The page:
The rear is a Bontrager Flare. At £54.99 on its own this produces 65 lumens, and charges via USB. It has two day time modes (all part of Bontrager’s drive to encourage people to use lights at all times) and two night time modes.

The clever bit is the Transmitr remote £39.99 on its own). This sits on your handlebars and allows you to control the brightness of your lights, and see battery life.Handy for those, like me, who have a fear of their rear light failing without their knowledge.  The remote can connect to up to 7 Transmitr compatible lights (some people control theirs and their children’s!). You can also use more than one Flare rear light, and use the remote to turn them into indicators on city streets.

The whole pack comes in at £179.99 (saving you £8 on buying separately), see it here

Exposure Sirius Tracer Pack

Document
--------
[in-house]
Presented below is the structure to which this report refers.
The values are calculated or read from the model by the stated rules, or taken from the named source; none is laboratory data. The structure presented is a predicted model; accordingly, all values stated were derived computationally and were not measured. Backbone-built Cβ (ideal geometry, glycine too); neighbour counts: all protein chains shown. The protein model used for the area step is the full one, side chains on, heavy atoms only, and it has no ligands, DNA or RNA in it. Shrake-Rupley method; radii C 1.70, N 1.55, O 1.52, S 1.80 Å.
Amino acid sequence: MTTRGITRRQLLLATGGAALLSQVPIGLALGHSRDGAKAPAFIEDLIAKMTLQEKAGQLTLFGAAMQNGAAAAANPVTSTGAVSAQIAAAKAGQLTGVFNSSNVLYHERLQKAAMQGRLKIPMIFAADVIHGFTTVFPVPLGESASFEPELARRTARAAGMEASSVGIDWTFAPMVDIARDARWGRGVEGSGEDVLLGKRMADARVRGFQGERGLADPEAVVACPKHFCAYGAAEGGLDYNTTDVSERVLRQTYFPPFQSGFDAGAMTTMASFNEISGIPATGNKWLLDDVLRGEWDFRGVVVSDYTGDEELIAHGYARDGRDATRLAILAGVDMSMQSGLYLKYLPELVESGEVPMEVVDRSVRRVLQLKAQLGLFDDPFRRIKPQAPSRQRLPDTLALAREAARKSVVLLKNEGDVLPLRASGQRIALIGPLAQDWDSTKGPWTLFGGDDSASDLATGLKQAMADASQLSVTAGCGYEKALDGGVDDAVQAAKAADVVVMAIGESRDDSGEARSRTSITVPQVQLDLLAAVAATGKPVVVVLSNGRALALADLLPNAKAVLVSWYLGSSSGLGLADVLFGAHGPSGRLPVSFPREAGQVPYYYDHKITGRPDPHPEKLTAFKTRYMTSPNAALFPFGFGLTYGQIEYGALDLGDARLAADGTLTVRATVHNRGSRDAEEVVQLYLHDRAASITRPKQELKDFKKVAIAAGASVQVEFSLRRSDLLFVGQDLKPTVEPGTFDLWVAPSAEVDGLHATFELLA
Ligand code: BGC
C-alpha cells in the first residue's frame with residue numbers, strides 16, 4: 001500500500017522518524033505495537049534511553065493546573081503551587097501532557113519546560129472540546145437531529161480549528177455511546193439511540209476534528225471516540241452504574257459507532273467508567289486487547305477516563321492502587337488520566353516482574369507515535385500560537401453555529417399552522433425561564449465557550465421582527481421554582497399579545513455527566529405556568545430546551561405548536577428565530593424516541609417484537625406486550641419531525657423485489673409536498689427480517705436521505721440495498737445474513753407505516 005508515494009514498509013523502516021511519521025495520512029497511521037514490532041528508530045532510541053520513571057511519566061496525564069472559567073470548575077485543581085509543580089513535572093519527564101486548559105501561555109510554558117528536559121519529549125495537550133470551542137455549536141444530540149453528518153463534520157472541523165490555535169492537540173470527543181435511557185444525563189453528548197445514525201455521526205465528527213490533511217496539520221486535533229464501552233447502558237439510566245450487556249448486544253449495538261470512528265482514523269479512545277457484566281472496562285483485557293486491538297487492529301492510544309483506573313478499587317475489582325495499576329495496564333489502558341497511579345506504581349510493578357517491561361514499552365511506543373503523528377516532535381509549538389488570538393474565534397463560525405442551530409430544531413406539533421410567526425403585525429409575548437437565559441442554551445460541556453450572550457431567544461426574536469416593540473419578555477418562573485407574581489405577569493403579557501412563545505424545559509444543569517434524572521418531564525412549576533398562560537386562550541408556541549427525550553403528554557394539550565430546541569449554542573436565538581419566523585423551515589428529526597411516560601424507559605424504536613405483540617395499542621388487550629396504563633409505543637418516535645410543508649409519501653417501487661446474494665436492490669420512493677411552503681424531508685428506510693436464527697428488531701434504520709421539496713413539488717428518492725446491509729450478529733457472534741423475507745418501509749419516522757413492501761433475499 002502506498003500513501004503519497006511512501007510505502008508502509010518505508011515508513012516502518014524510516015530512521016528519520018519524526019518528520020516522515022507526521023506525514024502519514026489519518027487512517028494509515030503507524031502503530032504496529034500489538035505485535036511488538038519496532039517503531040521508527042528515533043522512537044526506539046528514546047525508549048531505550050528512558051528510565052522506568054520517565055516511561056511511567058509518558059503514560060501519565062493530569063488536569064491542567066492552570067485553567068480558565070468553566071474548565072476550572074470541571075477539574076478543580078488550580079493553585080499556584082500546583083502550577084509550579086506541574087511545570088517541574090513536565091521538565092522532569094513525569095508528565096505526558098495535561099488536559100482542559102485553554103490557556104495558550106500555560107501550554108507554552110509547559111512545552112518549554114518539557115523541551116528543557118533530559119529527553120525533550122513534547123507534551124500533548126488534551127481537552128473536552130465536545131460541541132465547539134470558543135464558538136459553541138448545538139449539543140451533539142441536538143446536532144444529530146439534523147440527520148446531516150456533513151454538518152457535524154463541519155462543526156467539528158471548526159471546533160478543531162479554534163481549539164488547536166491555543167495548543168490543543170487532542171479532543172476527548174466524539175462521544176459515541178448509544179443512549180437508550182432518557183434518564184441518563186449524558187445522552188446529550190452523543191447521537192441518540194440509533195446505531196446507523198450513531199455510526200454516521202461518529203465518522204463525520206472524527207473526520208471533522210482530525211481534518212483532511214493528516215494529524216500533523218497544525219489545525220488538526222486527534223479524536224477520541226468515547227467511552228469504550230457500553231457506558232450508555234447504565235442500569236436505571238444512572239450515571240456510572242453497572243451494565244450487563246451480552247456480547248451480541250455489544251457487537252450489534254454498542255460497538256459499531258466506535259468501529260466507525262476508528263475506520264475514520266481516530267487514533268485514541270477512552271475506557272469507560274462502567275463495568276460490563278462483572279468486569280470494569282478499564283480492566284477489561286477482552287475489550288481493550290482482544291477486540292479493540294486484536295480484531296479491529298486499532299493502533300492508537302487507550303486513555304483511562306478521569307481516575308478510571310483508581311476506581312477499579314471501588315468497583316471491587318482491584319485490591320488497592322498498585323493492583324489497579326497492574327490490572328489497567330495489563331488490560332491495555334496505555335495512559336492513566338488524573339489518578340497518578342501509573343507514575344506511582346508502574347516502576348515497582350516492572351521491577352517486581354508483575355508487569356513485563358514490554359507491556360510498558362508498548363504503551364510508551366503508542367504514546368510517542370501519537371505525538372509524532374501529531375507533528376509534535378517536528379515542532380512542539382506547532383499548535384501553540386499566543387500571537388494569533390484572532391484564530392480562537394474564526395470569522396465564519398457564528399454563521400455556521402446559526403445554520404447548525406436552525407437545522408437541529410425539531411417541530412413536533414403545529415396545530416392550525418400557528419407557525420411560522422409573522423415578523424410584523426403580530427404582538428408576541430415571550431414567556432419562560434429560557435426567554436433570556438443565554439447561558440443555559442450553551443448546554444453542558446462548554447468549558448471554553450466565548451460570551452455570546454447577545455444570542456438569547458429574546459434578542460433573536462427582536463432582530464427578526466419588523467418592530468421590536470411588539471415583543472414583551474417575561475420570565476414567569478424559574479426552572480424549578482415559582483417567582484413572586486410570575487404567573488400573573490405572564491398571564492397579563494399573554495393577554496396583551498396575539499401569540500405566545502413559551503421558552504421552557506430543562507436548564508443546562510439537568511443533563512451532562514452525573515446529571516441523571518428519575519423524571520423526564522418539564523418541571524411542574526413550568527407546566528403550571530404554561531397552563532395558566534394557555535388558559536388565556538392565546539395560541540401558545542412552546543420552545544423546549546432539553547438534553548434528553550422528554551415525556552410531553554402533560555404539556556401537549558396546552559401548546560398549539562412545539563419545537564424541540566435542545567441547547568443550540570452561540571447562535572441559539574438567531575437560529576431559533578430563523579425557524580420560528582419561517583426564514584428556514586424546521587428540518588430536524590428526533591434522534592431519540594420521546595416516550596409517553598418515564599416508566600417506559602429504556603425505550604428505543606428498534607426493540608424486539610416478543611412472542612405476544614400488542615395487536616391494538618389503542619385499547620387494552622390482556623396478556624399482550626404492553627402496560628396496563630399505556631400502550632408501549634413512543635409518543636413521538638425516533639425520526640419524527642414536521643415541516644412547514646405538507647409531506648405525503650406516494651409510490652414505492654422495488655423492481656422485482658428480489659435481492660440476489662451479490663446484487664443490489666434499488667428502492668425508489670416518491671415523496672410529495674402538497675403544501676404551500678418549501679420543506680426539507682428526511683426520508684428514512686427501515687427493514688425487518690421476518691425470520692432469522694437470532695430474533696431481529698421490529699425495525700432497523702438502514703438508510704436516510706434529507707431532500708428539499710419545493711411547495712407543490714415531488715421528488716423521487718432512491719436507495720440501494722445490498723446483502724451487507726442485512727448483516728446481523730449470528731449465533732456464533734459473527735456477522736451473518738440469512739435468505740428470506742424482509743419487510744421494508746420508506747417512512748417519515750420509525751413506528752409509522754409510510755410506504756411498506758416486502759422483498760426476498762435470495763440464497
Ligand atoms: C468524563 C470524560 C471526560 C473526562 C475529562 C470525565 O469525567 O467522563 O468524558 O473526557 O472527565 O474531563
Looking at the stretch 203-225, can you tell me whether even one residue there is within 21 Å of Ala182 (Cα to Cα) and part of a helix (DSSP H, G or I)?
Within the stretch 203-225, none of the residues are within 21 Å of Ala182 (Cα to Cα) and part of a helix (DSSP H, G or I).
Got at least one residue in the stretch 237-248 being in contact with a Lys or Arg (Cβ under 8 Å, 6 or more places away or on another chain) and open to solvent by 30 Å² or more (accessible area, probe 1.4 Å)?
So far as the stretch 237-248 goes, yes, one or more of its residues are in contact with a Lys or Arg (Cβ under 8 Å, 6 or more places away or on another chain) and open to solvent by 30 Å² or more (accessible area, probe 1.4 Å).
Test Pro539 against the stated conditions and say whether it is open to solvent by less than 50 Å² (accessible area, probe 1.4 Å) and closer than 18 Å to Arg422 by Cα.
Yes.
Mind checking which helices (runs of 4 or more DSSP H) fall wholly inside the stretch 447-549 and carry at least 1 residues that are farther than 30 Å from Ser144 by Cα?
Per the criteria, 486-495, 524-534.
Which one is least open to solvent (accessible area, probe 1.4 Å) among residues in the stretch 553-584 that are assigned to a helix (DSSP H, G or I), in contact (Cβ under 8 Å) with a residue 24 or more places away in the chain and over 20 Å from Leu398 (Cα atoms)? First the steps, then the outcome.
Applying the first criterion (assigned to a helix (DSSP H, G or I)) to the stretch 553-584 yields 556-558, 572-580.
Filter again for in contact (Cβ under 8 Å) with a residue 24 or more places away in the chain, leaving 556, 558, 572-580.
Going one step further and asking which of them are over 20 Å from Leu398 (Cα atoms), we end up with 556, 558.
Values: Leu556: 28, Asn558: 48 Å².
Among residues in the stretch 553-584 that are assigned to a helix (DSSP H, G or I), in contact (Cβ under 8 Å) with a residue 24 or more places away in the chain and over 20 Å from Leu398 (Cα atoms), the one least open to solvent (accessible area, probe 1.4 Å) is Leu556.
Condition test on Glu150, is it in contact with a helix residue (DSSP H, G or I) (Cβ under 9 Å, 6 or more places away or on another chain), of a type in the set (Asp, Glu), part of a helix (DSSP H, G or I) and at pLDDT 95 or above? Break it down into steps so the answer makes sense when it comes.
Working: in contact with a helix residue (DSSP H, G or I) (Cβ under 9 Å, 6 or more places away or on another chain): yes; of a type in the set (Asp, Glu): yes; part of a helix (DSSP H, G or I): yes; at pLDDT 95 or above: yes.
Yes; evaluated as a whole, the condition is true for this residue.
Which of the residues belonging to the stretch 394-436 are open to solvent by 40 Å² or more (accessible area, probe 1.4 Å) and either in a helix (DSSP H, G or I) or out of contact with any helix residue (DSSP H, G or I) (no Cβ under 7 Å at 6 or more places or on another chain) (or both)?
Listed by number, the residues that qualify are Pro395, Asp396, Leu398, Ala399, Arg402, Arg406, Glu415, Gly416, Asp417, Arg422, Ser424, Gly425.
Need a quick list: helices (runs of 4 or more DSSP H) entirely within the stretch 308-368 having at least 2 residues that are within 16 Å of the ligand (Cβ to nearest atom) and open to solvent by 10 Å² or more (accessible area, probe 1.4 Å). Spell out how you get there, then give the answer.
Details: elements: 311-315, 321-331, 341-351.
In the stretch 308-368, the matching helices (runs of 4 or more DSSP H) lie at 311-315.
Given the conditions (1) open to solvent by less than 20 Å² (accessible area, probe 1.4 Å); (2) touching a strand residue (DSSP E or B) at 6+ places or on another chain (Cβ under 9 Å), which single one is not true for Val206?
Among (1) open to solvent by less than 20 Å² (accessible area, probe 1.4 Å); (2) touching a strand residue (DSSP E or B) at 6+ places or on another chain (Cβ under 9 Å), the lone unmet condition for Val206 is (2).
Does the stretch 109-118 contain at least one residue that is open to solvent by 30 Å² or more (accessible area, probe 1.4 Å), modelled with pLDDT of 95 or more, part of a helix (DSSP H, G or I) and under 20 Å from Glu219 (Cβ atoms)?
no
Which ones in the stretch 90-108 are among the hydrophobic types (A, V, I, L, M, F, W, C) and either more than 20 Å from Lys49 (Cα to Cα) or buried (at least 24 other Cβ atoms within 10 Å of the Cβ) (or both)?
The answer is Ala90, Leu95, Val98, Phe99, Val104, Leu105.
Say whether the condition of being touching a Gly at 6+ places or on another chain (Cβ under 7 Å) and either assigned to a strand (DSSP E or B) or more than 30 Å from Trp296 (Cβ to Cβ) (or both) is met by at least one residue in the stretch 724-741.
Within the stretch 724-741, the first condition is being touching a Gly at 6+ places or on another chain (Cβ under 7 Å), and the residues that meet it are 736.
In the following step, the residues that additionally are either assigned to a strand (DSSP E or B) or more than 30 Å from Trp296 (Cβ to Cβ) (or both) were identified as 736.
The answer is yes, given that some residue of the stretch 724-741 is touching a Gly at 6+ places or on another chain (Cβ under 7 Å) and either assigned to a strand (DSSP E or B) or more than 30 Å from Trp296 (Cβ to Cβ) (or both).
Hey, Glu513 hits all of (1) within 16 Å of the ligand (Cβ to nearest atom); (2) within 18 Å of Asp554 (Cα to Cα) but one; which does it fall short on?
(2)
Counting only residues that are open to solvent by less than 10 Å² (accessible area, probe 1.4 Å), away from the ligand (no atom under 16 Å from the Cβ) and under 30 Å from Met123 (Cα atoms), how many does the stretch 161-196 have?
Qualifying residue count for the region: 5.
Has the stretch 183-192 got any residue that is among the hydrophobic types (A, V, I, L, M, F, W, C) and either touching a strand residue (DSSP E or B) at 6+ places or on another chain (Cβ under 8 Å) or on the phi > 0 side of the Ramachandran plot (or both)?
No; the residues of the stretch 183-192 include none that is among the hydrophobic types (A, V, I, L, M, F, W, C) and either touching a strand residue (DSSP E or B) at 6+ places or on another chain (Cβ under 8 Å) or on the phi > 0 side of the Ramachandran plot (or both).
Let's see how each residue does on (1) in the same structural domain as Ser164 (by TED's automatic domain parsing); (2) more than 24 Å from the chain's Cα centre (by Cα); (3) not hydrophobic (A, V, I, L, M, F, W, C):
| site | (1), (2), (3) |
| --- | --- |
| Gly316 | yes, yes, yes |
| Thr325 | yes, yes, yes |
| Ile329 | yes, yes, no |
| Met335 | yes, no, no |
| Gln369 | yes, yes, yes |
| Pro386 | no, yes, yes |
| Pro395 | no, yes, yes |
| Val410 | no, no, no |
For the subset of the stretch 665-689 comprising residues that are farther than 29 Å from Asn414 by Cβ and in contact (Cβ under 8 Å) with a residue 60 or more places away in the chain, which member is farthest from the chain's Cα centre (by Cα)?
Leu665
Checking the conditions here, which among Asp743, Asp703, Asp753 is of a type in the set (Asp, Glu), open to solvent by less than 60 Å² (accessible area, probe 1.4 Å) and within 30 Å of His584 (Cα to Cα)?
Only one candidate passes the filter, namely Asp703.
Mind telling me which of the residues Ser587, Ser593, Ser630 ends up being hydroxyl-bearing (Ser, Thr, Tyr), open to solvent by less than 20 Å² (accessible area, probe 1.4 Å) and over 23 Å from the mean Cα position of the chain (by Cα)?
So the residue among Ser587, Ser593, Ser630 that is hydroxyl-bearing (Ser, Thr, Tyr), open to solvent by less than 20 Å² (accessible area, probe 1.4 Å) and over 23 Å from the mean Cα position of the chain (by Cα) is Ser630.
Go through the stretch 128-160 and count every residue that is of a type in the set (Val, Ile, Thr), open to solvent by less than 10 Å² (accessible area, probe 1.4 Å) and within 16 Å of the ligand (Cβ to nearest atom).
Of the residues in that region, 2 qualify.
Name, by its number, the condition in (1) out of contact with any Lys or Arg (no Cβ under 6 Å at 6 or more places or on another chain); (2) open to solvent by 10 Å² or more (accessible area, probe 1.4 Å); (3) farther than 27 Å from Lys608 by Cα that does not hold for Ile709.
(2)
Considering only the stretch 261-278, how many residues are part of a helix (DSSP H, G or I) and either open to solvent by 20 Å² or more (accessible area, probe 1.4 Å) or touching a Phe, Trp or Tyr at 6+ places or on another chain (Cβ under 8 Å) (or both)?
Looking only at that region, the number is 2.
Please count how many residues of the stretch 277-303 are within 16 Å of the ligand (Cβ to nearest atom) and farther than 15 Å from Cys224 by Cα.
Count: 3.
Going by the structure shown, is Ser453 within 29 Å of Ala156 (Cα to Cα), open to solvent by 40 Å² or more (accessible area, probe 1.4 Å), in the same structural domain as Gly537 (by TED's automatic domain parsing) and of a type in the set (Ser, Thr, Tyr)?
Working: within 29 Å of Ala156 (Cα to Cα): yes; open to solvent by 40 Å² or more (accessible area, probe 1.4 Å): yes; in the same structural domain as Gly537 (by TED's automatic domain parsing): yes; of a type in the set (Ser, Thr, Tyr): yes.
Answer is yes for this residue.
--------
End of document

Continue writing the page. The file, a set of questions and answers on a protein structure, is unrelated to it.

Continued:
The Exposure Sirius is a little bit serious. It puts out 550 lumens – enough to highlight the road ahead and just enough for some off-roading if you’re taking it easy. Charging via USB, it shows you how much battery life you have left via a fuel gauge. The light can mount to your helmet or on the handlebars – if you’re using it on your helmet you can shoot the beam exactly where  you want to see (but must also have a front light on your bike).

The rear TraceR offers 75 lumens, charges via USB and attaches via a stretchy rubber mount so it will fit all seat posts. Both lights are made in the UK to a high quality.

RRP: £129.95, see them here

Just the front light? Exposure Diablo MK8

If you’re already sorted for a rear light, and want a front light that allows you to genuinely charge down country lanes as though it were day time, then I couldn’t recommend the Exposure Diablo MK8 any more. This light produces a full 1400 lumens, can fit to your helmet or bike, and comes in a CNC aluminum casing.

It does cost £199.95 – but if you’re a committed rider or serious racer it will allow you to continue with your summer training volumes, outside, all year.

Of course, having bike lights is one thing – knowing how to use them is another. Make sure you check out these 7 common commuter bike light mistakes – and stay safe!